The Word “Anzac”
The word “Anzac” has been a part of Australian thought, language, and life since 25 April 1915. Devised by a signaler in Egypt as a useful acronym for “Australian and New Zealand Army Corps,” it quickly became a word with many uses and meanings.
Since then "Anzac" has been used in different ways. It has been applied to
- military formations: there were ANZAC corps in both world wars
- places: notably "Anzac area" on Gallipoli and "Anzac Cove" itself
- people: "Anzac" at first meant a man who had served on Gallipoli, and later acquired broader applications.
The term became popular largely due to the work of the official correspondent and historian Charles Bean. While still at Gallipoli Bean edited The Anzac book, which sold tens of thousands of copies and was reproduced with additional material in 2010. Later, the title of the first two volumes of the Official History of Australia in the War of 1914-1918 (The story of Anzac) confirmed the word’s place in Australian language.
The use of the word “Anzac” in Australia has been governed by federal legislation since 1921 under the Protection of Word “Anzac” Regulations.
Legend and myth
Historians examining the importance of Anzac to Australia coined the phrase “Anzac legend” (or, more critically, “Anzac myth”), referring to the representation of Australians in war: how they think, speak, and write of their war experience (which is not always the same as how they experienced it).
Though aspects of the legend have been criticised, there is general consensus on what is regarded as the “Anzac spirit”. Anzac came to stand for the positive qualities which Australians have seen their forces show in war. These qualities are generally accepted to include endurance, courage, ingenuity, good humour, and mateship.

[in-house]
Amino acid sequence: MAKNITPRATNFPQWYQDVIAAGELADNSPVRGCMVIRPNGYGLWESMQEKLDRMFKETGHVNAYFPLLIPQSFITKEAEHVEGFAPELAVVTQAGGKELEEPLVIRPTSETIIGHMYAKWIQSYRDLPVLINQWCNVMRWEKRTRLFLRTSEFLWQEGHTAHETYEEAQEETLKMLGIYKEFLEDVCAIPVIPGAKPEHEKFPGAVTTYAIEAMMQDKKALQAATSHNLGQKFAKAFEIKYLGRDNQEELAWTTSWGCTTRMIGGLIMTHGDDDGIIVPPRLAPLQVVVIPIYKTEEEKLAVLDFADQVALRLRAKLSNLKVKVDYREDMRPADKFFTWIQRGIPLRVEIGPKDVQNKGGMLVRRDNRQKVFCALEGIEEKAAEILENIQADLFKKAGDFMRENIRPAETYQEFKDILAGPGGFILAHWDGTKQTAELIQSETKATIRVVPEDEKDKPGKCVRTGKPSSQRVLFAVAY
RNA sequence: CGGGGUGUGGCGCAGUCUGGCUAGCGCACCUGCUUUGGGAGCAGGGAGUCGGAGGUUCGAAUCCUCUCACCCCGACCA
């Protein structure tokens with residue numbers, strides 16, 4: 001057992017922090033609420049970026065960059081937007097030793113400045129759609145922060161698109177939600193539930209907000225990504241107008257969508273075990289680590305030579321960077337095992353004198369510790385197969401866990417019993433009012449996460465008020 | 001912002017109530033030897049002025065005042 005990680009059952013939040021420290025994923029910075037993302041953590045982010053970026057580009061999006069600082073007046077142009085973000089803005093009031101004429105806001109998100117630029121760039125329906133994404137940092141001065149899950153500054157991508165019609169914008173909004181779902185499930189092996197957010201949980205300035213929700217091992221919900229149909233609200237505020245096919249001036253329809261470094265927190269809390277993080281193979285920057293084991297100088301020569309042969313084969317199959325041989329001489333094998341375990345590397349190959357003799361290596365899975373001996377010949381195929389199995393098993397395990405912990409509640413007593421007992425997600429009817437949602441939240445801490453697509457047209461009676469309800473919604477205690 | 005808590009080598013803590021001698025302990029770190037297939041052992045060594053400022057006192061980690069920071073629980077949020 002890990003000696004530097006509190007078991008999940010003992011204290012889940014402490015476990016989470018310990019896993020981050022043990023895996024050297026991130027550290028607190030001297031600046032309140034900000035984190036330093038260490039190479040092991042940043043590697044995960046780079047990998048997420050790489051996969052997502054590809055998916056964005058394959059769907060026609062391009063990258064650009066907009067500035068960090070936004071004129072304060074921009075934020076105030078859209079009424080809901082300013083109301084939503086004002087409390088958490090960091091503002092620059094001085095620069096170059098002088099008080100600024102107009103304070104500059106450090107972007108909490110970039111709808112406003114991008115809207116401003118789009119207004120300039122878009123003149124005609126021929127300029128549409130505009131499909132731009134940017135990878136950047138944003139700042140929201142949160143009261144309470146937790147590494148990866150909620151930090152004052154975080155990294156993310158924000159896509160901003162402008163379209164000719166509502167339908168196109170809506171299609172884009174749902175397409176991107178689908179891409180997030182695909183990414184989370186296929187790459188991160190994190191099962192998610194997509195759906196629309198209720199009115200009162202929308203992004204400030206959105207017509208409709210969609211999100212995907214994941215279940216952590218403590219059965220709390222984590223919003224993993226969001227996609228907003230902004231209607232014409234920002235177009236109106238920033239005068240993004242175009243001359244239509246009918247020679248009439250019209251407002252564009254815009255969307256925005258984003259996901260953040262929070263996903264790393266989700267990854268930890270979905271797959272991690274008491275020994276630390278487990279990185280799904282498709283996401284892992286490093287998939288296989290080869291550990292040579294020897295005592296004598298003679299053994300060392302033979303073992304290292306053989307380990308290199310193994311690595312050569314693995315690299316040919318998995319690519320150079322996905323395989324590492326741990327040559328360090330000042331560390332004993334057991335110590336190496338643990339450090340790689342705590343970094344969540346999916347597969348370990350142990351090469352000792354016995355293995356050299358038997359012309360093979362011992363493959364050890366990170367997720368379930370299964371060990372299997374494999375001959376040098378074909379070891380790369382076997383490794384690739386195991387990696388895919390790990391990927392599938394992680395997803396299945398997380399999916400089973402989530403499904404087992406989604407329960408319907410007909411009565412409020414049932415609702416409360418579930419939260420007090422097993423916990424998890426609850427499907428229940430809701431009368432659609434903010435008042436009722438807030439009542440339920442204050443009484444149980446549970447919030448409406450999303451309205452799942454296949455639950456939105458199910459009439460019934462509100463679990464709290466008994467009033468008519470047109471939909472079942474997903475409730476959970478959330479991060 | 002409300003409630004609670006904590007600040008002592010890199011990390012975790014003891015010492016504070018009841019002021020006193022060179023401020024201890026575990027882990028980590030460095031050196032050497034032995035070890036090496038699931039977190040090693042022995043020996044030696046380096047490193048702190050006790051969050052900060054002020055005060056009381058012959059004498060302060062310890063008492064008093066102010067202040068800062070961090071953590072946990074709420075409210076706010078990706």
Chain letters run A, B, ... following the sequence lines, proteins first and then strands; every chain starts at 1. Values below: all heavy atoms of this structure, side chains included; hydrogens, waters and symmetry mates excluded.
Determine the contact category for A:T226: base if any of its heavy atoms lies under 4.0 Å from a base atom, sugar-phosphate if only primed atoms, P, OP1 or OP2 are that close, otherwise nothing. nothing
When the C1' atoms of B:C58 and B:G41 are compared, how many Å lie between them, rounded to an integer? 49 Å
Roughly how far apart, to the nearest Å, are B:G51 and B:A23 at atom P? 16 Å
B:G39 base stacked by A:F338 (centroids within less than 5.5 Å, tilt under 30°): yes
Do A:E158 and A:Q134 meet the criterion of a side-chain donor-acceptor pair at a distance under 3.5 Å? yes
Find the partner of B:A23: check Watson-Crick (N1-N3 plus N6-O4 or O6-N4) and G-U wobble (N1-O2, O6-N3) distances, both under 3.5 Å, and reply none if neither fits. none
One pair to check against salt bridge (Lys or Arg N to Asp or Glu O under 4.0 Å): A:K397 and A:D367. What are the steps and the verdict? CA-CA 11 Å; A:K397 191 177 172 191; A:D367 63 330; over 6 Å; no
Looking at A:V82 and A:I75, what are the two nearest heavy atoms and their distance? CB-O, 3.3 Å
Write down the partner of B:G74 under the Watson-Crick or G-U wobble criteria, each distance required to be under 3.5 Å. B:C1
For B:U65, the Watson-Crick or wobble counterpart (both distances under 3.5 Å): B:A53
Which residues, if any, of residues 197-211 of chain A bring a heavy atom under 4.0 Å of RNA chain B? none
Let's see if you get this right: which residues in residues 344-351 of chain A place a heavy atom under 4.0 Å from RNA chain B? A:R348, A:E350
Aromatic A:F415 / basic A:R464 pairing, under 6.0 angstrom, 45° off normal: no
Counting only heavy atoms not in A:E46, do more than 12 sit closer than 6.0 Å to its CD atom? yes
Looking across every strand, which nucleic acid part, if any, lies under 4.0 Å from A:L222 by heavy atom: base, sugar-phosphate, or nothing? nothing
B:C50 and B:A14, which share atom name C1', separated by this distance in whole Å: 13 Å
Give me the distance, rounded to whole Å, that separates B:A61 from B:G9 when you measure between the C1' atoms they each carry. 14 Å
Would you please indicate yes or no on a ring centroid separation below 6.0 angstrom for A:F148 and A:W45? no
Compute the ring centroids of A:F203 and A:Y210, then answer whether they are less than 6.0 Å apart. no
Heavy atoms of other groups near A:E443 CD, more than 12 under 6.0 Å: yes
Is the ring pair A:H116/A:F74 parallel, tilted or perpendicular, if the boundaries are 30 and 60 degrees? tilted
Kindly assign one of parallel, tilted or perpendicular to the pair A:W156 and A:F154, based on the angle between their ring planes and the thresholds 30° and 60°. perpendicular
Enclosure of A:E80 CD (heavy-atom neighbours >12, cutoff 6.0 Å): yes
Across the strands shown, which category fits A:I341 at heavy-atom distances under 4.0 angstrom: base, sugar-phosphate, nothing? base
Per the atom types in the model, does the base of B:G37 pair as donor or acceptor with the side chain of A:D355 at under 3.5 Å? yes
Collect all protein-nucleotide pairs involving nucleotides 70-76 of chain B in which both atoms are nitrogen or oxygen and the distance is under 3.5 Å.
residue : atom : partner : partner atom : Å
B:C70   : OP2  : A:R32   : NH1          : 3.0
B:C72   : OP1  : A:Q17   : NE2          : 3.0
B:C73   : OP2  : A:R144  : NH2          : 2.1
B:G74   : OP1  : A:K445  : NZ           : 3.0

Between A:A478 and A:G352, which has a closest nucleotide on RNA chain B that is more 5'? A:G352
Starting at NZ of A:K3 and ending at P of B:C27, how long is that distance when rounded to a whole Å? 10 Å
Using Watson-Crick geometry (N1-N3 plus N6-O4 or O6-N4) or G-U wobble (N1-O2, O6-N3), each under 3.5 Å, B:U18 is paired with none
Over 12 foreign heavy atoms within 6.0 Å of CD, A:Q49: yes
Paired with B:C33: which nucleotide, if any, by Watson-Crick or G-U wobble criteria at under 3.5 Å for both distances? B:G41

Perhaps the best (and most widely misquoted) reflection of the meaning of Anzac is to be found in Charles Bean’s Anzac to Amiens. In describing the evacuation of the Anzac Cove area, Bean wrote:
"By dawn on December 20th Anzac had faded into a dim blue line lost amid other hills on the horizon as the ships took their human freight to Imbros, Lemnos and Egypt. But Anzac stood, and still stands, for reckless valour in a good cause, for enterprise, resourcefulness, fidelity, comradeship, and endurance that will never own defeat."
More recently, Arthur Bourke OAM pointed out that the spirit of Anzac is not confined to the battlefield, nor is it something that can be seen. He described the spirit of Anzac as:
"a powerful driving sensation that can only be felt. It is a feeling that burns in the heart of every Australian and New Zealand countryman. A warm, tender, fiery, even melancholy ideal that nurtures intense patriotism in the innermost soul of every body."
The Returned and Services League of Australia (WA Branch) suggests that the spirit of Anzac is still seen today in times of crisis or hardship. During cyclones, floods, and bushfires, Australians come together “to rescue one another, to ease suffering, to provide food and shelter, to look after one another, and to let the victims of these disasters know they are not alone”.
C.E.W. Bean, Anzac to Amiens, Australian War Memorial, Canberra, 1946, p.181
Arthur Burke, The spirit of Anzac, Anzac Day Commemoration Committee website
Returned and Services League of Australia, Western Australia Branch, The Anzac spirit
- Amanda Laugesen, “Australian First World War ‘slanguage’”, Journal of the Australian War Memorial 38, 2003
- Protection of Word “Anzac" Regulations
- Dawn of the legend (Memorial exhibition)
- ANZAC acronym
- Origins of the acronym ANZAC
- Patrick Lindsay, The Spirit of Gallipoli: the Birth of the Anzac Legend, Hardie Grant Books, London, 2006.